Back in 1897, novelist W. Somerset Maugham, now known as author of Of Human Bondage, was having trouble selling his first novel Liza of Lambeth because his publisher wasn't interested in advertising the book. So he took matters into his own hands.

He took out some classified ads in a few daily newspapers in London. The copy read: “Young millionaire, lover of sports, cultivated, with good taste of music and a patient and empathetic character wishes to marry any young and beautiful girl that resembles the heroine of W.S. Maugham’,s new novel.”

By the end of the week, the first edition had sold out. The novel went on to get critical praise and popular sales.

For more such success stories of debut novelists, see http://www.bookmarket.com/debutnovels.htm.

3. Is it easier to market your book in a niche way? (ie, authors with spiritual books reaching out to new age stores, sports book authors reaching out to athletic orgs).

It is always easier to market to a niche audience because other people have been there before you trying to reach those same niches -- via websites, via media, via stores, via associations, etc. Having said that, I believe every book has at least one niche, sometimes four or five. It's your job as an author to identify those niches and reach out to those people who are interested in those topics.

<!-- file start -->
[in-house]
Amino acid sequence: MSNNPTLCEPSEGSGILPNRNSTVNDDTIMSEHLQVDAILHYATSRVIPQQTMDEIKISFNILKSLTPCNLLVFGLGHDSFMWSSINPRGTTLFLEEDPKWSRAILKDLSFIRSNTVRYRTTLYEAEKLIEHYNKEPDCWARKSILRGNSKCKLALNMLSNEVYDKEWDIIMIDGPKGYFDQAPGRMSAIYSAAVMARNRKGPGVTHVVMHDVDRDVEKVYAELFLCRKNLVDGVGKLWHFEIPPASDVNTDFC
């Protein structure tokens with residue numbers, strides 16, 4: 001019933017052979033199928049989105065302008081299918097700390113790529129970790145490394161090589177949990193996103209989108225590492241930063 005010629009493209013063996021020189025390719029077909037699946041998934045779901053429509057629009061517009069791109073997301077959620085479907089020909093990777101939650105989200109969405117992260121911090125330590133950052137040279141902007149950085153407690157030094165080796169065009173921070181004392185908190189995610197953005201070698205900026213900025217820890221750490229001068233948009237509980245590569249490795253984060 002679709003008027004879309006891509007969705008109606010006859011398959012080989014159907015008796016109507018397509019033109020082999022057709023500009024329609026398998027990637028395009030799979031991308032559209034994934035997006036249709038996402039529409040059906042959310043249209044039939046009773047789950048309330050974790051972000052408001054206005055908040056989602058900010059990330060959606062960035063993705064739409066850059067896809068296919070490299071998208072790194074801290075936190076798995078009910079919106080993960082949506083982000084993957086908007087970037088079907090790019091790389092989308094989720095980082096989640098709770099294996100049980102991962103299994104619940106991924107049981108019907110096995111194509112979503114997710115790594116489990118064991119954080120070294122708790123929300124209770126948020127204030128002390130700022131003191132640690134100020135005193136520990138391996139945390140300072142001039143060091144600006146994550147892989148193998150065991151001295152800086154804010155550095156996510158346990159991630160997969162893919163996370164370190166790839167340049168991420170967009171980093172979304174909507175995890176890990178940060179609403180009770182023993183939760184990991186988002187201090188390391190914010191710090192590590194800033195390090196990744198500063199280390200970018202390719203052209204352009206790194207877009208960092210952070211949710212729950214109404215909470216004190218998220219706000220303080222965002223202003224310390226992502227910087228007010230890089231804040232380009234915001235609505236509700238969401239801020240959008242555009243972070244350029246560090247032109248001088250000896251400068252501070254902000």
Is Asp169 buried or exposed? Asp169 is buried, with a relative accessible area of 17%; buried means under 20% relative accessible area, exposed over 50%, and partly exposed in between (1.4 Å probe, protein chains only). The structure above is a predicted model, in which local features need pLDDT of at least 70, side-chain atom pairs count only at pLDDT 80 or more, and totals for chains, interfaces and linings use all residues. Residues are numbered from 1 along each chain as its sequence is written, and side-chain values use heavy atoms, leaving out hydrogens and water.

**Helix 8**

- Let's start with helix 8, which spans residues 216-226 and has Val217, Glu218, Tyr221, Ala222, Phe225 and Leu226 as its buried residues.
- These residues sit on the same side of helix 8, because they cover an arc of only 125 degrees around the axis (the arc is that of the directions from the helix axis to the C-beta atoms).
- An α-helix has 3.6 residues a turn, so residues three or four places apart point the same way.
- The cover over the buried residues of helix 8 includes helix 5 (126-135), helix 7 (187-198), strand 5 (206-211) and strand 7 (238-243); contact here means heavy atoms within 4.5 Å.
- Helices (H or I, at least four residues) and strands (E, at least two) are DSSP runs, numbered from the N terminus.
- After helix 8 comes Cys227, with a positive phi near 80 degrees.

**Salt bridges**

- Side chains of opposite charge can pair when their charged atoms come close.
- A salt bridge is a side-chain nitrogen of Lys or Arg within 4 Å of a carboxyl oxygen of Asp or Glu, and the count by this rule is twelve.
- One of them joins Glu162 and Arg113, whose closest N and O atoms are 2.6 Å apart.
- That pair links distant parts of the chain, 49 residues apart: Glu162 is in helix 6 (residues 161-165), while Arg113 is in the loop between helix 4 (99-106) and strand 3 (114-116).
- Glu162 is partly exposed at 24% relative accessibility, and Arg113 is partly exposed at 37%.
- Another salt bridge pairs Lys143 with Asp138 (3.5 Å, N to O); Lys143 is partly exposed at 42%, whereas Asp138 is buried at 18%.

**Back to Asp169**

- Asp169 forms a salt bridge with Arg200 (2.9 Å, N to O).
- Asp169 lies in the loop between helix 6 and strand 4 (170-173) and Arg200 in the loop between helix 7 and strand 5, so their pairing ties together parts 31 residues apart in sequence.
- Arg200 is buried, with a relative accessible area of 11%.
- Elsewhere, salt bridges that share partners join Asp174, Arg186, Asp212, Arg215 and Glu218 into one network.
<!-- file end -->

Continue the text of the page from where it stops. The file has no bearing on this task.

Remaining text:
4. How much should an author expect to spend (time and money) on marketing if they want their book to be truly reach readers? (Talking general author, not bestselling... yet).

I believe an author should spend somewhere between $500 and $5,000 promoting his or her book. Rarely more unless you are unwilling to spend the time. The most important commitment is not the money, but the time spent. Most of your marketing should cost you more time than money: making phone calls, sending emails, building a website, creating relationships. Those cost minimal money but do require time.

All of marketing, ultimately, breaks down to one thing: Creating relationships. While relationships can sometimes be bought, my experience is that the best relationships are earned. That takes time not money. Your job as an author in marketing your book is to identify the key people that can make a difference for your book (producers, editors, freelance writers, booksellers, distributors, catalogs, website owners, etc.) and then work to create a real and lasting relationship with these people. That, above all, is what makes the difference between a successful book author and a wannabee.


Copyright © 2011 by bestseller marketing expert John Kremer
Email: JohnKremer@bookmarket.com

Open Horizons, P O Box 2887, Taos NM 87571